Only 50% of the US voting age population turns out on election day. To help save US democracy Dambisa Moyo, a top economist and author of “Edge of Chaos”, says that voters who are more engaged should have a larger vote. Following is a transcript of the video.
Dambisa Moyo: The fact that the OECD report claims that this generation of Americans for the first time in the history of the United States will be less educated than the preceding generation means that we do need to do something quite aggressive I believe in order to get more voters to the ballot polls.
The idea of weighted voting is essentially providing a reward to voters who are more engaged. One of the risks of this proposal is that people will interpret it very superficially as rewarding, or giving people who put more education or more wealth, a bigger weight in the voting process and that is absolutely incorrect. The most important thing I believe for democracy to function is two things.
One is to make sure that as many people as possible are voting, and so in that context, one of the concerns is low-voter participation rates. In the United States, they are now around 50%. For low-income households, they are around 30%. But the second thing that’s critically important is that voters have an understanding of the political process. One of the big issues that has been revealed is that we’re seeing a lot of disaffection and people tend to vote for candidates based on things as basic as what colour pantsuit they’re wearing. And that I think really undermines the political process.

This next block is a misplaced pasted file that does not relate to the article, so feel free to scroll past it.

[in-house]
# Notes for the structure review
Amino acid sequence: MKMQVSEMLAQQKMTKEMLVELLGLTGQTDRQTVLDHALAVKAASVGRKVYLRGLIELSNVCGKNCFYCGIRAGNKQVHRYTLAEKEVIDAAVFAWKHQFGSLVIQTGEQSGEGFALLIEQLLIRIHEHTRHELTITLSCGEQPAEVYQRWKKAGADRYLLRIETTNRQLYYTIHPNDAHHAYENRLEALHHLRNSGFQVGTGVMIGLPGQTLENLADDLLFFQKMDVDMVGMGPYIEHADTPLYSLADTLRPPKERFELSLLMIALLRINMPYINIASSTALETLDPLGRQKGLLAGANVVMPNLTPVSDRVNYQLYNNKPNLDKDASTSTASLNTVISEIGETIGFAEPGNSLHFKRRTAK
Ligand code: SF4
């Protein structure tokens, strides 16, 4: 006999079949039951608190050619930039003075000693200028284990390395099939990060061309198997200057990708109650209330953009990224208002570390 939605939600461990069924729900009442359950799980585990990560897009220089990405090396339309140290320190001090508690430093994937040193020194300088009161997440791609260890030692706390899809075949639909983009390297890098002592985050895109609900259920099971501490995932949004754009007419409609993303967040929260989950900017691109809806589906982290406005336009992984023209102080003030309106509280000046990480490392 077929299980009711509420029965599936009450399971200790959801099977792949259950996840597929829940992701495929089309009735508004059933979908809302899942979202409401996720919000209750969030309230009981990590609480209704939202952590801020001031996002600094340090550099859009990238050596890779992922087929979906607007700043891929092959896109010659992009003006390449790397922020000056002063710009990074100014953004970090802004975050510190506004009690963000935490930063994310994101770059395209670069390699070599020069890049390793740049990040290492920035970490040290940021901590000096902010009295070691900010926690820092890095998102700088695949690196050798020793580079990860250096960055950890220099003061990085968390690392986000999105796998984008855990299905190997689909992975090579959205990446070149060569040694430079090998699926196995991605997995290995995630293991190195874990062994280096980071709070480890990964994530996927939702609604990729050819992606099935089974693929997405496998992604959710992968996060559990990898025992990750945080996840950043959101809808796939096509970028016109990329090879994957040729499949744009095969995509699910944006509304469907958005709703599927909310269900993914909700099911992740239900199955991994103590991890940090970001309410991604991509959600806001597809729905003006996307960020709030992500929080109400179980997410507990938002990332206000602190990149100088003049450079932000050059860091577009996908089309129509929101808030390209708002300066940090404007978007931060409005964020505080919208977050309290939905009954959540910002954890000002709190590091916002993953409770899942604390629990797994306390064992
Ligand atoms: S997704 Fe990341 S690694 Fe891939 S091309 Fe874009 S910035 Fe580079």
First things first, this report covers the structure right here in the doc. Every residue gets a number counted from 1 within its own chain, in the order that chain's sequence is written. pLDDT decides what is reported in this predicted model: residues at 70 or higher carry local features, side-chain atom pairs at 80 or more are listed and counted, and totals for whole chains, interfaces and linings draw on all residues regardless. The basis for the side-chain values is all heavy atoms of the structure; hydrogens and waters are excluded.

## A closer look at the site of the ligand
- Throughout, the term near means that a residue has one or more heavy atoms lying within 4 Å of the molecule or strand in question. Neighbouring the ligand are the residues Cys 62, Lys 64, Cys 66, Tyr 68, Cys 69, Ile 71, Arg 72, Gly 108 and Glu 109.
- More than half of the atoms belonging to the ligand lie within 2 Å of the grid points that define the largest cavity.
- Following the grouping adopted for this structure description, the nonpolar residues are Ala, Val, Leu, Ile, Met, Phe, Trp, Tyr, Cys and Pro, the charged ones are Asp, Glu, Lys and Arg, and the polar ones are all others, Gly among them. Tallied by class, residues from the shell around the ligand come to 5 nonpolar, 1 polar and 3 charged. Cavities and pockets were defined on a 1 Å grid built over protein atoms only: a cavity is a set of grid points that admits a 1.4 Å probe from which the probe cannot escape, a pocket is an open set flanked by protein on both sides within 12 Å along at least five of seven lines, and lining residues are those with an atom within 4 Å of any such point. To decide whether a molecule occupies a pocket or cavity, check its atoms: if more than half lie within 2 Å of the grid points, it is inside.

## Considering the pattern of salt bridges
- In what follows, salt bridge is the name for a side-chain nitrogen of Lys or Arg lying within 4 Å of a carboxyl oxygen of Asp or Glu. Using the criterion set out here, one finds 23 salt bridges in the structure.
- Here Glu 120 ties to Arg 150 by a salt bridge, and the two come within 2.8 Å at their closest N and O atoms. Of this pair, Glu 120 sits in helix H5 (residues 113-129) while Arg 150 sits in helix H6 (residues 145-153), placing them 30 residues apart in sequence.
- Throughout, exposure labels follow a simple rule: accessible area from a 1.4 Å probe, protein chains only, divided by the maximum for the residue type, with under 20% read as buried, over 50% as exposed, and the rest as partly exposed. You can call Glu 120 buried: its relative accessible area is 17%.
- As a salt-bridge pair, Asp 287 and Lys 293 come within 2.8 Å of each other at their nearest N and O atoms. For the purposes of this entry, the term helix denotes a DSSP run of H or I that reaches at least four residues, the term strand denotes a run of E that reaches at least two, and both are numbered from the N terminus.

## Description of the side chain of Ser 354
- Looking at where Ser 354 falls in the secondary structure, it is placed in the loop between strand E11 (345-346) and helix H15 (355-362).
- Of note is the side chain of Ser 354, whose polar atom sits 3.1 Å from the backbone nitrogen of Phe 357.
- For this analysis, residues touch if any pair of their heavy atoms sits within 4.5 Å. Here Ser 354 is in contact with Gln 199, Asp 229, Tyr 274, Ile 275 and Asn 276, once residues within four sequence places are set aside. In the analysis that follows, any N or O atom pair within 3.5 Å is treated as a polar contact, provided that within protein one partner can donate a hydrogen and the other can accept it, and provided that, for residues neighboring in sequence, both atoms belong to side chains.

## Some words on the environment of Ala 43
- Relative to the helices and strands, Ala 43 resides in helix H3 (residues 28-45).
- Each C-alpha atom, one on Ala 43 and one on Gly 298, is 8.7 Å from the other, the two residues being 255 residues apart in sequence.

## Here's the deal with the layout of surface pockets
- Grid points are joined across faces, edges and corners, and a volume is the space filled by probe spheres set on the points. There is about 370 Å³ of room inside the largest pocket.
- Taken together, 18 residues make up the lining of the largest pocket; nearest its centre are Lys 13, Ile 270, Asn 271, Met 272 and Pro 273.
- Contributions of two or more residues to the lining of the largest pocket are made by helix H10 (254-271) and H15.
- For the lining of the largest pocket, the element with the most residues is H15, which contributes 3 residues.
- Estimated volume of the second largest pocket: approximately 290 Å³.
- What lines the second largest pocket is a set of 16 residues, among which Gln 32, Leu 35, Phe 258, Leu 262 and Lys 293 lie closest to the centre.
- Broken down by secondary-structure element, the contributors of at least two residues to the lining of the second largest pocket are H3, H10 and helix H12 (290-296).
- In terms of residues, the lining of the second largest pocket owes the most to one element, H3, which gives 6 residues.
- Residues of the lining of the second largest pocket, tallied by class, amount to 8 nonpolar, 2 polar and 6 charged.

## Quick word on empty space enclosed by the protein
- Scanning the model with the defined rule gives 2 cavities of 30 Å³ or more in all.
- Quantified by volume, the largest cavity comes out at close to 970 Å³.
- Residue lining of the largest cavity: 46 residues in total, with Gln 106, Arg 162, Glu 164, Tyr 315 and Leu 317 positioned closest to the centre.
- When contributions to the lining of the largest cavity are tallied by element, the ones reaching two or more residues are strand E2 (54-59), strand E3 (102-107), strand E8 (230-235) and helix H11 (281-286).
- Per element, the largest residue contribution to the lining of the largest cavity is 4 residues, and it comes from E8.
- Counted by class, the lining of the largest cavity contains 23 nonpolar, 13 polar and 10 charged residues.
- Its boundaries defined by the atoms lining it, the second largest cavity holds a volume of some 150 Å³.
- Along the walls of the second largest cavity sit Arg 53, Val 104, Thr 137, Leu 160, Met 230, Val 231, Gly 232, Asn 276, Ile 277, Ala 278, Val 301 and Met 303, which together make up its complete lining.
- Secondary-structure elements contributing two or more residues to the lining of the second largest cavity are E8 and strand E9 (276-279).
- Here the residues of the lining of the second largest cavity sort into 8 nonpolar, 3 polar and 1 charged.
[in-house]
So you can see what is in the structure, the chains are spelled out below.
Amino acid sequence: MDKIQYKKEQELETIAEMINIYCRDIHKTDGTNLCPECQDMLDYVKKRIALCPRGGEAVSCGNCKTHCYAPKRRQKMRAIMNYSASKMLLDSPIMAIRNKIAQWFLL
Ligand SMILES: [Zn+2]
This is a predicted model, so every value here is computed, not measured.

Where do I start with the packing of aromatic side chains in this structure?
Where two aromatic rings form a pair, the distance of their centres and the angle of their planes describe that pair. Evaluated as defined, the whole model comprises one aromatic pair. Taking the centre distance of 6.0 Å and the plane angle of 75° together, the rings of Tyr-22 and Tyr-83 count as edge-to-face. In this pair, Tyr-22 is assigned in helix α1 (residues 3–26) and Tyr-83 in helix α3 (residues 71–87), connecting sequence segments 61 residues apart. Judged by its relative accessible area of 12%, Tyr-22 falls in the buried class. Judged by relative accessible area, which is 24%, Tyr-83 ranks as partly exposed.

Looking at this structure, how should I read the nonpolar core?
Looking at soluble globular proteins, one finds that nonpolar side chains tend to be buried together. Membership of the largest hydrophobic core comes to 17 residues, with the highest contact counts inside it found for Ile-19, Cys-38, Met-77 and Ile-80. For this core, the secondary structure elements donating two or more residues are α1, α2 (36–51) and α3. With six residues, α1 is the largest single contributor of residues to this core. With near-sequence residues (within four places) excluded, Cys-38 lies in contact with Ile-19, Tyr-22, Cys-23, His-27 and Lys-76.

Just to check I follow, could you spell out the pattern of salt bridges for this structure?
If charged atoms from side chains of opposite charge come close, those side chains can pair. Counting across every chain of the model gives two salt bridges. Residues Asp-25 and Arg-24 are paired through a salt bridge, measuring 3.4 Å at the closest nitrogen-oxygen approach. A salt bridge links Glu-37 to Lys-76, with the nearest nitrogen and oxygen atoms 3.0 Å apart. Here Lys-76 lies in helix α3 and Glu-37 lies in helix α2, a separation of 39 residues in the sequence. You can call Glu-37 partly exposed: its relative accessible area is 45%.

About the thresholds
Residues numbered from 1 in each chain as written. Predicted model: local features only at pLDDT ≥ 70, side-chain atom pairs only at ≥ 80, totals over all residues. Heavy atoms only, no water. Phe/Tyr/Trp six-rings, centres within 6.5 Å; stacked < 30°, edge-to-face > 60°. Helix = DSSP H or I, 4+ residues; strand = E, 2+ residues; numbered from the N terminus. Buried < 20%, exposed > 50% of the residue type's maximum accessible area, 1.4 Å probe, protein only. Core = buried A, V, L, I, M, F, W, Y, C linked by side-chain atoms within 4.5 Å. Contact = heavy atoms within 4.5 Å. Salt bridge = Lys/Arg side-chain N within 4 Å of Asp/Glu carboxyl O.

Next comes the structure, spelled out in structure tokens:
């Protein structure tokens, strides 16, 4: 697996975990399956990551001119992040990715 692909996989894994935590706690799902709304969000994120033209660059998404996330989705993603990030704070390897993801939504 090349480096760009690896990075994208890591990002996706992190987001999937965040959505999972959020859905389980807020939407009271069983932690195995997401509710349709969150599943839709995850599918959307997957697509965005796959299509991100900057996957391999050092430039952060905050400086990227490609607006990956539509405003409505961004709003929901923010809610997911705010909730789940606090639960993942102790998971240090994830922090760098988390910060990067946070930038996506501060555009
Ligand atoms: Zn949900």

Discussing what sorts of factors would help us understand who should be voting and how voters should be voting, I believe that having a civics program where people really understand how the government functions and who they’re voting for and what those people stand for. At the very bare minimum, a civics test, and I draw really on my experience as an immigrant, would really tap into the historical context of how exactly the United States political system was established, but more specifically, it will talk about how it’s structured today.
For example, just a basic understanding of what the different arms of government are and how the political process works from the role of superdelegate and delegate, but it’s also about how primaries work and how the whole process of the caucusing and the electoral college works in a democratic system. And I think that, at a very bare minimum, would help voters understand what the role of their vote is and how that action would impact, not just on the election process, but also long-term economic policy.
Because I’m an eternal optimist, and because we have a history where people of colour were not allowed to vote, women were not allowed to vote, I imagine that there were times when there was pause and people thought, well we really can’t have a system where women voted or where minorities voted, but here we are today in a world where it is possible. And so on that basis, I don’t see why we shouldn’t be optimistic about reforms and innovation to the democratic process that can make it stronger and perform better.
We want to make sure that people do have access to information about the candidates that they’re fielding but also make sure that they have understanding about the basic political and policy issues that are up for debate.
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